Lutherans in Minnesota

When does a walk become a pilgrimage?

Tracing Martin Luther’s steps from Erfurt to Rome

You know the 500th anniversary of Luther’s life and ministry is getting close when people start walking in his footsteps 500 years later. Well, that is happening, and readers can follow the last few days of the journey on the Web, and then hear the pilgrims at Augsburg College’s Founders Lectures less than two weeks after the trip is completed.

(For the record, the focal point of the Luther commemoration will be October 31, 2017, the anniversary of Luther’s nailing of the 95 theses on the doors of Wittenberg Castle Church.)

Hans Wiersma, Augsburg College, spent the first four days of a 70-day trip with Sarah and Andrew Wilson, as they walked to Rome. Photo provided by Hans Wiersma

Sarah and Andrew Wilson are Lutheran ecumenists living in Strasbourg, France. She works at the Institute for Ecumenical Research, a Lutheran “think tank” dealing with the scholarly aspects of ecumenism for the Lutheran World Federation; he is a Levant Foundation Fellow at the Foundation for Interreligious and Intercultural Research and Dialogue, which is based in Geneva, Switzerland.

Together (though without their son Zeke, except on weekends) they are following Luther’s 1510 trip from Erfurt to Rome, where he traveled as an Augustinian monk to offer suggested changes to the papacy. As ecumenists looking to bring attention to interfaith dialogue, it made sense to travel Luther’s path to the Vatican. Unlike Luther, the Wilsons anticipate a warm reception upon reaching Rome.

The first stage of the journey

Augsburg College professor Hans Wiersma spent the first four days of the pilgrimage with the Wilsons, walking from Erfurt to Coburg. “The pilgrimage aspect hooked me,” he told Metro Lutheran. “I like to tell stories, and this journey was bound to yield some stories.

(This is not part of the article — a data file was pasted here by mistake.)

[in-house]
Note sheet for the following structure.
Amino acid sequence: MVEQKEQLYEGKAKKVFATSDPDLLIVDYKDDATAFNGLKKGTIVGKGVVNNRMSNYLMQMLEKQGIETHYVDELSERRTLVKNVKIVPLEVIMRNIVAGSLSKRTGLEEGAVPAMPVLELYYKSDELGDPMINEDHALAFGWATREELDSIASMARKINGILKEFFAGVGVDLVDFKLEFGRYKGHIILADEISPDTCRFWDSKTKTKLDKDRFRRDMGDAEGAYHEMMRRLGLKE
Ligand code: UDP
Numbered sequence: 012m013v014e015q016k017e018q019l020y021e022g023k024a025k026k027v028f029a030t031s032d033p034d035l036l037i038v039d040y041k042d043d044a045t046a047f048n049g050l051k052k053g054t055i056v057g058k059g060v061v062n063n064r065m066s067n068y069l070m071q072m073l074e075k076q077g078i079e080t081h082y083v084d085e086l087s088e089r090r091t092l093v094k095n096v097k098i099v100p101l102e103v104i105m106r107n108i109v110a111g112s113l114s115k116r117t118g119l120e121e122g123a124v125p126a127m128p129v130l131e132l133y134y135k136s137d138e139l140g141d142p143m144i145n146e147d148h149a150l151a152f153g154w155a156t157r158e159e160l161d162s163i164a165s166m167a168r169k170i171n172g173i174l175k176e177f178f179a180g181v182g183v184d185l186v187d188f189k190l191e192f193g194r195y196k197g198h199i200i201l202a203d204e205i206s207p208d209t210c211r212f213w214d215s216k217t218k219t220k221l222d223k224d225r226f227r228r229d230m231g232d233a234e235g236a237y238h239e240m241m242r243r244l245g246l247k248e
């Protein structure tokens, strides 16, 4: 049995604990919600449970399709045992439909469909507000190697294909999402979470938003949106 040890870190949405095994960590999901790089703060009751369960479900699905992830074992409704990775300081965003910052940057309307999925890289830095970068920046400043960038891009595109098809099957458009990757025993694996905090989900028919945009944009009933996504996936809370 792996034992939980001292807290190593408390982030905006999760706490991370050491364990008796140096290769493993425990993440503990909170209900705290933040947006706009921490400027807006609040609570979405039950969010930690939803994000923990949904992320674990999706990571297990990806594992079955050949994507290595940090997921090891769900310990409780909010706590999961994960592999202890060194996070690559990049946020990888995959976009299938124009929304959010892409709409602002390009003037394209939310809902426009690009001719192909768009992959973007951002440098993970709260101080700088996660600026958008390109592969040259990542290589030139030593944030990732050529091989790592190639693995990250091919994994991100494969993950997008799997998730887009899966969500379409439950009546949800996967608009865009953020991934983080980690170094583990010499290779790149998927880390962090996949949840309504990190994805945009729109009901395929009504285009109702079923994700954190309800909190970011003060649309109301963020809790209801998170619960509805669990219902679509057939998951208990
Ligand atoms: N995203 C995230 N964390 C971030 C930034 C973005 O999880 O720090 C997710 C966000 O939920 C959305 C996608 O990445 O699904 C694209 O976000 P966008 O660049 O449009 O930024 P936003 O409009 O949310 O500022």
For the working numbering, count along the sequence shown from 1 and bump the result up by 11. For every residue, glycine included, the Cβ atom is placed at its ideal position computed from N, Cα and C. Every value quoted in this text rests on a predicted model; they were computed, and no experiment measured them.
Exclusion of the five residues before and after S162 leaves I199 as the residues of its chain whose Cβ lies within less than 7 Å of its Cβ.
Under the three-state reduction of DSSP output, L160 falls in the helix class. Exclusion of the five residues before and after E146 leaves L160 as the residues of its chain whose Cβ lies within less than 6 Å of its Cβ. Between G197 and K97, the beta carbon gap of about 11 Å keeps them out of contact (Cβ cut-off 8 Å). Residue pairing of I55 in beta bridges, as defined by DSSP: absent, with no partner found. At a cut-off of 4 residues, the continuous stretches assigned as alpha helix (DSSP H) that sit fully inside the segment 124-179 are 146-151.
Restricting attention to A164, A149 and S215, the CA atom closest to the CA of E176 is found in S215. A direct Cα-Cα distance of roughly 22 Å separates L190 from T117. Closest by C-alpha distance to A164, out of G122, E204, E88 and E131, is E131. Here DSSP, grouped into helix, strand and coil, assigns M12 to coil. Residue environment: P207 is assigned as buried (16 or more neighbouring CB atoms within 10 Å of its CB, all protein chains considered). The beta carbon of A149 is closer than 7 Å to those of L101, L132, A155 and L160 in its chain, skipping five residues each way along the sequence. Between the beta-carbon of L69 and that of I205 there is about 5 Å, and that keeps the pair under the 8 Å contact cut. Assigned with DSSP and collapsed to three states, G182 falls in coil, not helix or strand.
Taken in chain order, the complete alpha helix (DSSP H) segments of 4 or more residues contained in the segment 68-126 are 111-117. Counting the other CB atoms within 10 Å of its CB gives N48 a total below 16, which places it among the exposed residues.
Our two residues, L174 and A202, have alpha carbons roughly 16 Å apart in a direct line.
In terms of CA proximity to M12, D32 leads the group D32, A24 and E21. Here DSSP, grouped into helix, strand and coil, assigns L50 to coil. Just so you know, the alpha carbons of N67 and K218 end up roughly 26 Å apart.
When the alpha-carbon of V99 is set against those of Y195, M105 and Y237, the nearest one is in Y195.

“Erfurt has become a destination for Westerners since the fall of the wall,” explained Wiersma. “But it’s compelling to see that chapel that Luther would have worshiped and preached at, and to know the monastic residence is still there.”

As the Wilson’s have continued the trip, they have blogged daily, and have uploaded great photos, at http://www.hereiwalk.org/.

The Wilsons will be featured speakers November 10-11 at the 2010 Augsburg College Founders Day Reformation Lectures. The November 10 lecture, “Pomegranates, Passess, and Popes: A Kinetic Perspective on Luther’s Trip to Rome,” will be held in the Hoversten Chapel at 7 p.m. On November 11, the Wilsons will address “What Has Erfurt to Do with Rome? Ecumenism as Pilgrimage.” The lecture begins at 10 a.m., also in Hoversten. For more information, visit http://augnet.augsburg.edu/ news-archives/2010/ 08_09_10/pilgrims.html?month=8&year=2010&day=16.

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